Thank Folk For New Bands


Happy New Year everyone! The festive season is now over and it’s no longer acceptable to overeat, drink in the mornings or stay in your pyjamas all day…apparently. Instead we’re all back at work and desperately trying to stick to that diet. However, for those of you who resolved to listen to more great new music like I did, here’s January’s Thank Folk For New Bands…



Although they only released their debut album last November, it’s fair to say that Stylusboy, made of Steve Jones and Rachel Grisedale, have already started making the most of their folk careers, supporting the likes of Newton Faulkner and gaining BBC6 Music’s Tom Robinson as a fan. The real success of Stylusboy comes from their tireless dedication to their music. Their songs are timeless and brushed with the authentic, quiet beauty of English folk music, but the fact that they can just as easily play online gigs in their kitchen as festival stages shows that whatever their audience, they’re just glad to be playing music. This is a band who can inject you with a real feeling of relief in knowing that modern folk music is heading in the right direction.

Based – Coventry

Find them at –

Listen to – Staring At The Sky


Little Dusty

It’s vital in this business to have some sort of distinction to make you stand out, and Little Dusty have that neatly provided in their frontwoman who, with her at once distinguishing and effortlessly pleasing vocals, balances the musical talent with fluid lyricism and character. The tracks themselves are like short wafts of a summer breeze in that they just seem to wash over you with a warm satisfying sensation. The mood they set at the outset is incredibly consistent, and before you know it you’ve listened to their entire back catalogue, in a silent appreciative daze. Though they may seem twee on the surface, there’s a real lyrical power rippling underneath, one that I think could become very powerful as their audiences become bigger.

Based – Bristol

Find them at –

Listen to – Swimmer


All The Luck In The World 

Sometimes it only takes a couple of seconds to know whether you are going to enjoy a new piece of music, and this was the case with Brighton based Irish three-piece All The Luck In The World. From the opening of their instrumental piece Low Beams I was hooked. The 19 year olds specialise in a full, suspenseful sound that seems to rise, fall and pulse so naturally that you just get swept away with it. For such a young band, and one who are already enjoying Youtube-based and commercial success, you can sense their love for the craft, and, rather than being mature for their age, I would say that the three-piece are simply applying their energy where it matters. And it is certainly working. Look out for their album on February 3rd.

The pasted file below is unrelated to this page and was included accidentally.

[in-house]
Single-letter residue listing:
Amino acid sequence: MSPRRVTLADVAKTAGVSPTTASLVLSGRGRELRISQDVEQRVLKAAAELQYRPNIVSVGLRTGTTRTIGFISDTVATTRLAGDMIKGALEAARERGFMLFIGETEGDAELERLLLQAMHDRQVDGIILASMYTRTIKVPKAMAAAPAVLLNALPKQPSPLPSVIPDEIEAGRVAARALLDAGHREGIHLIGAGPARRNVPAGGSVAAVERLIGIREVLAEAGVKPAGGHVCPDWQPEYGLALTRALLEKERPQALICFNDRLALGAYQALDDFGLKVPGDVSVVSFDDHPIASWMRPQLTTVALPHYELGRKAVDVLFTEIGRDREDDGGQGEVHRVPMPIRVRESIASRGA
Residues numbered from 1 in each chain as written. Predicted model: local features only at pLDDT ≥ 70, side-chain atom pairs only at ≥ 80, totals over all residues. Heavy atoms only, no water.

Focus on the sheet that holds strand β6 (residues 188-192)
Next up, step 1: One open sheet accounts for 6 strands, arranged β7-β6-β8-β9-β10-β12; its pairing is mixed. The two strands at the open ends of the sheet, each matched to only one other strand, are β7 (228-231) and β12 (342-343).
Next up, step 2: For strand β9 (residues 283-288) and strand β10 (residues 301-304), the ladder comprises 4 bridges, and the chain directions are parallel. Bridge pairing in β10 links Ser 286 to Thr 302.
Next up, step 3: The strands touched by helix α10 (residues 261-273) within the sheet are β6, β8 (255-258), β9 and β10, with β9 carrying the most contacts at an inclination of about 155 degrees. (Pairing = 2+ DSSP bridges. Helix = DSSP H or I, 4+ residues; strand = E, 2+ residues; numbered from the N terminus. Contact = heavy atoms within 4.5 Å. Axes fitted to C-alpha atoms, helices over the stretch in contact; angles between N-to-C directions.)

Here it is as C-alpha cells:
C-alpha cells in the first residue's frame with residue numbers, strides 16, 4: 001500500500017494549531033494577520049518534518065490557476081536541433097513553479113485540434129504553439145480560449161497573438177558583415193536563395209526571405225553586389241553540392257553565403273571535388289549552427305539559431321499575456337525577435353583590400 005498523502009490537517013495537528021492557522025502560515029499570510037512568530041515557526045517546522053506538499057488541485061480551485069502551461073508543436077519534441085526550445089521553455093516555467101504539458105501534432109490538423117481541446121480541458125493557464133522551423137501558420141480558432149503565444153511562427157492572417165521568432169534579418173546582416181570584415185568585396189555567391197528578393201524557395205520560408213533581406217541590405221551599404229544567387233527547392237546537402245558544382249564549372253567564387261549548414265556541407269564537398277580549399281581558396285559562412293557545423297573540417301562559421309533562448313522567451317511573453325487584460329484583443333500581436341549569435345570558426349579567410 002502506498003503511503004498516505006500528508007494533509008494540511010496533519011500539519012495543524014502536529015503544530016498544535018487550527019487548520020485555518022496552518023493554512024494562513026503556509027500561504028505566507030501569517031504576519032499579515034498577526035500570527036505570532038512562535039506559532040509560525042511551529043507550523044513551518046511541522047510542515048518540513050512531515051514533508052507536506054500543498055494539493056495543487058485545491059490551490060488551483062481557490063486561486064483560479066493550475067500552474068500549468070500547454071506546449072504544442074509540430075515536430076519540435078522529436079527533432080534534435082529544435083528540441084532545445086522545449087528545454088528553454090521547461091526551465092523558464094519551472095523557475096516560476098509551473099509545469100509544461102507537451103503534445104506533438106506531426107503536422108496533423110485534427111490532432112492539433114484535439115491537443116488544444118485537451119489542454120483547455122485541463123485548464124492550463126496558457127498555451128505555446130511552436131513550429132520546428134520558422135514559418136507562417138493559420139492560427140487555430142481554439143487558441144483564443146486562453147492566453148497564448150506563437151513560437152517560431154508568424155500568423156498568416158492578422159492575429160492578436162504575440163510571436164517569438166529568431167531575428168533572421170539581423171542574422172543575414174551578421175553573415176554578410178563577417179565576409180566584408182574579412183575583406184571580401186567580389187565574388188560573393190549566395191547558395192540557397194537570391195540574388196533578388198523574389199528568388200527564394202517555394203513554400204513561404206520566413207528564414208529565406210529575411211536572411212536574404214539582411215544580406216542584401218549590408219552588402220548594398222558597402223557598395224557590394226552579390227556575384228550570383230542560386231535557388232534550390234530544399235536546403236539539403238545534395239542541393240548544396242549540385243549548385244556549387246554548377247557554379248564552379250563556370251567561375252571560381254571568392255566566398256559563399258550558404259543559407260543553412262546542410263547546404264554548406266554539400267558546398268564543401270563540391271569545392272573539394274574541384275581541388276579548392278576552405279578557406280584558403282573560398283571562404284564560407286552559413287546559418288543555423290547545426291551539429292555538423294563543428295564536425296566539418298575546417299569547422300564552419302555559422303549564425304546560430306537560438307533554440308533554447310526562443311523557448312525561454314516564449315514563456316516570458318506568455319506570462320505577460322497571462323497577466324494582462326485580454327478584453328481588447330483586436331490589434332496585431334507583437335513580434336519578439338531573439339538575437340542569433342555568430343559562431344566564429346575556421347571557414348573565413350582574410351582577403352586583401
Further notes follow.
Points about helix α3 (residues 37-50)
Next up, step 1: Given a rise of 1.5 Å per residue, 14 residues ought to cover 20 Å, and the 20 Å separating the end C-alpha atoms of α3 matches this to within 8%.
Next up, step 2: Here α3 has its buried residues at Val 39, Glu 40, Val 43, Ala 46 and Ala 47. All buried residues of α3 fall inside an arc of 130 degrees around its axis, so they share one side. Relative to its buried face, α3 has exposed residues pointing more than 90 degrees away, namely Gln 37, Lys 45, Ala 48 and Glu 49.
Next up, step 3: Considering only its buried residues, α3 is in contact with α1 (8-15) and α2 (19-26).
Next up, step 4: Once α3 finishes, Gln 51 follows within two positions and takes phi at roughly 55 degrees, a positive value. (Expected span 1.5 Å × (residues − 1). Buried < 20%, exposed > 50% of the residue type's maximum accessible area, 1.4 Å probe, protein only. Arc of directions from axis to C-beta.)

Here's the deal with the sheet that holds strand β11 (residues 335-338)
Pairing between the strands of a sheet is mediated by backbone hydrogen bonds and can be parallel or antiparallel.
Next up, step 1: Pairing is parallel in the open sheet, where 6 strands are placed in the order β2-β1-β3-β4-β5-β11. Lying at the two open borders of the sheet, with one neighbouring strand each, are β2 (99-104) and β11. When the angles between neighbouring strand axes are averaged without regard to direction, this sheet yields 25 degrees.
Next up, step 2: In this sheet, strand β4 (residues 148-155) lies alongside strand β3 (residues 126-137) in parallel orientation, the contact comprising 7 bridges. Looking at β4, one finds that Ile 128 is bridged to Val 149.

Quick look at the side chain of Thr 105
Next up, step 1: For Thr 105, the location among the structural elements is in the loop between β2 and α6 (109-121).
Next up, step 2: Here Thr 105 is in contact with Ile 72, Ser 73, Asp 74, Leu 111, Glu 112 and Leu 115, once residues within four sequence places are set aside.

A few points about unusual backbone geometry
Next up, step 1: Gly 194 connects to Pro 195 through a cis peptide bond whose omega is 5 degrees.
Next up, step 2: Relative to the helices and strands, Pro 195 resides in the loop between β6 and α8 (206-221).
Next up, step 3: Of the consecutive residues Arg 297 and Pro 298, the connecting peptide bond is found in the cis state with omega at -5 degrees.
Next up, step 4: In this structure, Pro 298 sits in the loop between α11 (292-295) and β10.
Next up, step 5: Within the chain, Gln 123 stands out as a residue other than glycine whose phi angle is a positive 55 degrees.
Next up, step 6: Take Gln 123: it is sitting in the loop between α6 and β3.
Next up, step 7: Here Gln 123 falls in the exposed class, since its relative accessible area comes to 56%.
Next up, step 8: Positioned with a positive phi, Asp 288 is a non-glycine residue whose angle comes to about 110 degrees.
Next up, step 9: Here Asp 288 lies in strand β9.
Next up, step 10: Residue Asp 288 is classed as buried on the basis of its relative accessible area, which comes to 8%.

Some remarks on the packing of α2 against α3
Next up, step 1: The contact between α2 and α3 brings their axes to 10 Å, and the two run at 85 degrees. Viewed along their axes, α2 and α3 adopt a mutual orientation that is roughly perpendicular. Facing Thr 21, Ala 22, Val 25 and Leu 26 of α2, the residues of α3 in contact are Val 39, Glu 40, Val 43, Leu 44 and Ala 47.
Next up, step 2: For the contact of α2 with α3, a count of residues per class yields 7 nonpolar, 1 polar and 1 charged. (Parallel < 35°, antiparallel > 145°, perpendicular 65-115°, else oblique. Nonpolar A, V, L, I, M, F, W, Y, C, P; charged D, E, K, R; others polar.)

Based – Brighton

Find them at –

Listen to – Your Fires


High House

Now, this band has already had a brief mention in the past Thank Folk For New Bands, but I feel that with their upcoming new EP it is certainly worth telling you about them again. This six-piece doesn’t waste a single ounce of their numbers with full harmonies and carefully created, melodic music. The effect of a group singing in sync really isn’t lost on them, as they delve in and out of harmony at just the right moments. Rather than the expected ‘wall of sound’ approach, they weave in and out of delicate rhythms, each member playing their own little part, to create something alive and beautiful. This coupled with the fact that they can just as easily create something emotionally rich as joyfully uplifting, means that this group certainly have something that could reach a variety of people.

Based – Stafford

Find them at –

Listen to -Cold Hearts, Machine Parts


Side Saddle

 Side Saddle is the folk-pop alter-ego of New Yorker Ian McGuinness, and ahead of his debut EP The Postcard, he has recently released his first single Reverie. Now a lot of things can spring to mind when you are given ‘New York’ and ‘folk’ to go on, but Side Saddle definitely bucked the trend for me. The soaring harmonies, twee melodica riffs and uplifting rhythms seem perfectly suited to the traditional scene in the UK, but along with a few Americana blues guitar riffs, Side Saddle certainly has something fresh. He seems destined to be part of that movement that has its roots in traditional folk, but its career in commercial pop. And this is by no means a bad thing, because with music this charming, it doesn’t matter what the label is.

Based – New York

Find him at –

Listen to – Reverie

Josh King


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